The Difference in Rights Between Married and Unmarried Partners in Alberta
At one point, being married was important to a person's legal rights, particularly in a family law context. Over time, the law has changed to recognize that unmarried couples should have the same rights as married couples in similar situations.
In Alberta, particular legal rights are available to unmarried partners if the unmarried partners qualify as "Adult Interdependent Partners" pursuant to the Adult Interdependent Partners Act. Our Edmonton family lawyers can help you understand the difference in rights between married and unmarried partners in Alberta.
Who is an Adult Interdependent Partner?
There are two ways to enter into an Adult Interdependent Partnership with another person. The first is to sign an Adult Interdependent Partnership Agreement that meets the requirements of the Act. Two people who are related by blood or adoption must have a valid agreement in order to be considered partners under the Act.
The second way is for two non-related individuals to either:
- - Live together in a relationship of interdependence for at least 3 years, or
- - Live together in a relationship of interdependence of some permanence and have a child together.
Is There Any Difference in Rights Between Married Partners and Adult Interdependent Partners?
For some time, the law has treated married partners and Adult Interdependent Partners the same with respect to many legal issues, including:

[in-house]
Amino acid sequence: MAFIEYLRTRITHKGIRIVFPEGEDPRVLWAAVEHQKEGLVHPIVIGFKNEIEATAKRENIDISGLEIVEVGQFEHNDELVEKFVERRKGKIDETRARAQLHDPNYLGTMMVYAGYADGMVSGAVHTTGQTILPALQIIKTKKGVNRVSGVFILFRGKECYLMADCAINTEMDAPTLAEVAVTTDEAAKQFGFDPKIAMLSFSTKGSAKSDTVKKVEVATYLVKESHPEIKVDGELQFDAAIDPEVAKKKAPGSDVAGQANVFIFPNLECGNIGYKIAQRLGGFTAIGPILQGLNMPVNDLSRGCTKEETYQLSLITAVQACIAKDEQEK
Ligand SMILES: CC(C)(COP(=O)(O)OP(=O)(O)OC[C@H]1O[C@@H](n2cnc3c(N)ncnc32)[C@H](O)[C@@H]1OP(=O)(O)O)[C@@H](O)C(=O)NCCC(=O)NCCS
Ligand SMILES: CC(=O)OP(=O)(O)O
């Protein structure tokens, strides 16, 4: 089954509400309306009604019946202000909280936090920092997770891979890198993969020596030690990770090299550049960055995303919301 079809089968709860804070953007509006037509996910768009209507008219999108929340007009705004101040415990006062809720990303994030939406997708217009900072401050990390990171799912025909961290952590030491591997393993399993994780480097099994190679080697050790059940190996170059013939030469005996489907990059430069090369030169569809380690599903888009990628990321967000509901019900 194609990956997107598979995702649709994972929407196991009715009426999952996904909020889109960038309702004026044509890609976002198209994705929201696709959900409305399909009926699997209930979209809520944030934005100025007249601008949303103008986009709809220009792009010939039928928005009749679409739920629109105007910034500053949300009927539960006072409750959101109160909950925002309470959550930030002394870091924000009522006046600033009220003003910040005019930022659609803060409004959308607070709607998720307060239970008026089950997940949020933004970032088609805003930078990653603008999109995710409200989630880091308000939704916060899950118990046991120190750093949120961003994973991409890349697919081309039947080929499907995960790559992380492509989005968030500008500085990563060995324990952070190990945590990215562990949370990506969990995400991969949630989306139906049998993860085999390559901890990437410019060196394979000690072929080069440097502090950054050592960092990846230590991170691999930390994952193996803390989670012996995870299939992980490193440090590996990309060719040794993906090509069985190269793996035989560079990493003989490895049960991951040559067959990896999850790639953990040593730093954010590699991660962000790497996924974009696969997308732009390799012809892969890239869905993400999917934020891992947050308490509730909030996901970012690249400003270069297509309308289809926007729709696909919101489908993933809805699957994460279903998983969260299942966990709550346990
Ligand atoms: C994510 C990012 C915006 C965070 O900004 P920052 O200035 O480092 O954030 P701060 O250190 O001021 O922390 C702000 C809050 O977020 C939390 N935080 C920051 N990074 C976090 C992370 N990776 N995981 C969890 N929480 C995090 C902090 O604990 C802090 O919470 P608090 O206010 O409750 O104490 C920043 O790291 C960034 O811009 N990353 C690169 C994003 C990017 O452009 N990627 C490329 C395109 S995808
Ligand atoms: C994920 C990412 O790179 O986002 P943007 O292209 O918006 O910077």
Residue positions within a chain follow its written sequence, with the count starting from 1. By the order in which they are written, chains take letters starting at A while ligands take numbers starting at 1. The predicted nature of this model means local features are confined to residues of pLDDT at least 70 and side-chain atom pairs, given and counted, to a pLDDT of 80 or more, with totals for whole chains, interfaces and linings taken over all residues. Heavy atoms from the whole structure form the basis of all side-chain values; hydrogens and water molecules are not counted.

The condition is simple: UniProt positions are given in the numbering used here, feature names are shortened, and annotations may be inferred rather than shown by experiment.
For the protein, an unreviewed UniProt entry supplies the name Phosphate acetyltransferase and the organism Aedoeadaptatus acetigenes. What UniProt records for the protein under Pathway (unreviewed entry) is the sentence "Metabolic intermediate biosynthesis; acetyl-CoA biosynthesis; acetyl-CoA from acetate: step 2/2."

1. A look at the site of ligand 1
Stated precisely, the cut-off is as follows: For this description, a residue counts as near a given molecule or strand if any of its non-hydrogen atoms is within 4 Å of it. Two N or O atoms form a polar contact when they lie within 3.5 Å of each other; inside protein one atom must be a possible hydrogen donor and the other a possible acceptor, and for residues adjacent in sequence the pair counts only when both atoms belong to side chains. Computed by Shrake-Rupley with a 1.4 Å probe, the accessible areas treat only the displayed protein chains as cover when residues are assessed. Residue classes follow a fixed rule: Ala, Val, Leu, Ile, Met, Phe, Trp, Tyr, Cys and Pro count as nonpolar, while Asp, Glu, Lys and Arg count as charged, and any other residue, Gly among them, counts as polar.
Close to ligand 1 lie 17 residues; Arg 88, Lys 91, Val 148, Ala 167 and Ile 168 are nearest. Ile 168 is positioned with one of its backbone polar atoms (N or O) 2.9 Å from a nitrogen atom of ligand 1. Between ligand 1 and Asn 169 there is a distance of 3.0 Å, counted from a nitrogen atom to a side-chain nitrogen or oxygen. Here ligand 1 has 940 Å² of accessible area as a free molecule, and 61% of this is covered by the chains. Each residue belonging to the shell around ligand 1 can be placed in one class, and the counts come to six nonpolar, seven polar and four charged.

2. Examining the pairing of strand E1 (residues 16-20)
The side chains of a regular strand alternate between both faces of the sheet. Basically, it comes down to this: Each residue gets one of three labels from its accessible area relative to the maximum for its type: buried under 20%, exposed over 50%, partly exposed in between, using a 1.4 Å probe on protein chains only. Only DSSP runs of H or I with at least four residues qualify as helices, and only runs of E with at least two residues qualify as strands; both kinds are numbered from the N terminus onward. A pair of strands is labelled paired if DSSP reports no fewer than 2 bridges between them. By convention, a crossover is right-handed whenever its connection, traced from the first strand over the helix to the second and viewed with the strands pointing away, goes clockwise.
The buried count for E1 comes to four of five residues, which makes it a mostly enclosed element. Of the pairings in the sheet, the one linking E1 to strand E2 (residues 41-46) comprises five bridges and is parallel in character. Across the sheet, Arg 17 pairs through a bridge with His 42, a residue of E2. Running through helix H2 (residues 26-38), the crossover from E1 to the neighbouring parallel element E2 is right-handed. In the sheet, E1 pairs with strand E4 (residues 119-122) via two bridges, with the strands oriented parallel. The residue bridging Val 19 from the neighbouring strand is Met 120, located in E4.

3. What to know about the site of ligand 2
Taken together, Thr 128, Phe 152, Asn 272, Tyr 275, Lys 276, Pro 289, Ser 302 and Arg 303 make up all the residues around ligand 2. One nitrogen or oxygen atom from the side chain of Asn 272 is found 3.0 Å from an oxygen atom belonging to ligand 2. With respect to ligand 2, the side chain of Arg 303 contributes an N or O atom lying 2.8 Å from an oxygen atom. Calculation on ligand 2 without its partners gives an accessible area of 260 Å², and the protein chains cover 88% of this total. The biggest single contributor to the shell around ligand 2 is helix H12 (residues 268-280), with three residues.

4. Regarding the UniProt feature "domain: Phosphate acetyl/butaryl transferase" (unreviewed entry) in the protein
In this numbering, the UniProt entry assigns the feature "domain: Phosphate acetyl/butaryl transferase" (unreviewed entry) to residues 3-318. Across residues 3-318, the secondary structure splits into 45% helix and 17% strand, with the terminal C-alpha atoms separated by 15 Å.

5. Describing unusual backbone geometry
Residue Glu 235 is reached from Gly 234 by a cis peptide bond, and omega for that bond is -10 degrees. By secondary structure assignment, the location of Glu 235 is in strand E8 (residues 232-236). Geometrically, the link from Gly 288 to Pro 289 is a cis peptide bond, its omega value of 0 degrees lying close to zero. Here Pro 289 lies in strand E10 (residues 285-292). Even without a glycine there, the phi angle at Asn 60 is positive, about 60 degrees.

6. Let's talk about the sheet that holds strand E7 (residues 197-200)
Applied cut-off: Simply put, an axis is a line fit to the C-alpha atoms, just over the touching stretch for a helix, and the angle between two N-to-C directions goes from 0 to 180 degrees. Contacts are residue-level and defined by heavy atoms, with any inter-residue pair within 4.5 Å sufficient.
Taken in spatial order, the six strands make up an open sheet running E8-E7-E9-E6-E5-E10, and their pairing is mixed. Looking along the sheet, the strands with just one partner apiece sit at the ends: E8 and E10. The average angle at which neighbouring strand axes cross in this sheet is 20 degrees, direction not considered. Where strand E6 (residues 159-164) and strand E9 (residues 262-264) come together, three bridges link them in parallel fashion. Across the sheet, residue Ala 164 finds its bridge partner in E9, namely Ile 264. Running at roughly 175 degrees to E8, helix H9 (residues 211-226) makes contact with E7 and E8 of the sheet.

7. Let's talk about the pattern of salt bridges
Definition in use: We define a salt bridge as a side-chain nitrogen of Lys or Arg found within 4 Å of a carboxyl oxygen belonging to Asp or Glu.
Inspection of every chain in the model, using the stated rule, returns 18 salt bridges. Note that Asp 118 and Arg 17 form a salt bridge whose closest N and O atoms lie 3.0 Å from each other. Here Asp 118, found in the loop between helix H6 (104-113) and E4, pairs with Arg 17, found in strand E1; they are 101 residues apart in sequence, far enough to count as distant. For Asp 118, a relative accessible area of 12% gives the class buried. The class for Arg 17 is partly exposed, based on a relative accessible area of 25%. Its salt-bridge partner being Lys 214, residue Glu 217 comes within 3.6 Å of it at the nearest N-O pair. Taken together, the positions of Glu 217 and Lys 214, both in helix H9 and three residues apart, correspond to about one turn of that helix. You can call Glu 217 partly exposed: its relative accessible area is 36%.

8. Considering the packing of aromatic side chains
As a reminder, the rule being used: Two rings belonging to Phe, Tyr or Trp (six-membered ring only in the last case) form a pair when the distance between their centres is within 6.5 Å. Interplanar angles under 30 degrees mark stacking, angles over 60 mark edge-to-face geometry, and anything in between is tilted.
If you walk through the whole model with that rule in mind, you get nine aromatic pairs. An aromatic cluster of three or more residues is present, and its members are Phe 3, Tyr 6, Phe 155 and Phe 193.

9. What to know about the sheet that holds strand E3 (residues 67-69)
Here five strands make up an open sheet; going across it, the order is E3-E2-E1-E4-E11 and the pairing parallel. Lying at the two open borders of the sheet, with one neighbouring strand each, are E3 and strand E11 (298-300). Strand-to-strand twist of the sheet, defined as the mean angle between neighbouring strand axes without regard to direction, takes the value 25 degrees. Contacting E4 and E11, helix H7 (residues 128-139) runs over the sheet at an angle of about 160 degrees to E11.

- - Child custody and parenting issues
- - Child support
- - Spousal support
- - The right to inherit property from a partner who dies without a will.
As of January 1, 2020, the Family Property Act was updated so that provisions dealing with the division of family property upon separation or divorce apply equally to Adult Interdependent Partners and married partners.
The Dower Act continues to apply only to married partners. The Dower Act provides protection for the married spouse of a sole homeowner, in their matrimonial home. The owner spouse cannot mortgage or transfer the home without their spouse's permission, and if the owner spouse dies, their spouse has the right to live in the home for the rest of their life, regardless of what provisions the owner spouse may have made for the home in their will.
Ending a Relationship
One of the main differences remaining between married partners and Adult Interdependent Partners is the way relationships can be ended. A marriage must be ended through divorce. While married partners can separate without ever getting a divorce, a court order granting a divorce is necessary if either partner wants to enter a new marriage or sign an Adult Interdependent Partnership Agreement with someone else.
An Adult Interdependent Partnership can be ended by:
- - Written agreement
- - Living separate and apart for 1 year
- - Getting married (either to each other, or if one partner marries someone else)
- - Entering an Adult Interdependent Partnership Agreement with someone else
- - Obtaining a declaration of irreconcilability from the Court.
What If You Do Not Qualify as an Adult Interdependent Partner?
If you have a child with a partner or live with a partner but do not meet the conditions of an Adult Interdependent Partner, you may still have legal rights depending on your specific situation. Our Edmonton Family Lawyer may be able to help determine your rights and ensure that you understand the difference in rights between married and unmarried partners in Albert.
Contact our Edmonton Family Lawyers Today For a Consultation
It can be challenging to navigate the laws affecting married and unmarried couples in Alberta, and each situation is unique. If you have any questions or would like to learn more about how our Edmonton family lawyers may be able to help you, contact us today.
*Please note that this article does not offer legal advice, but a general overview on the topic of marriage law in Alberta. For legal advice, please consult with a lawyer.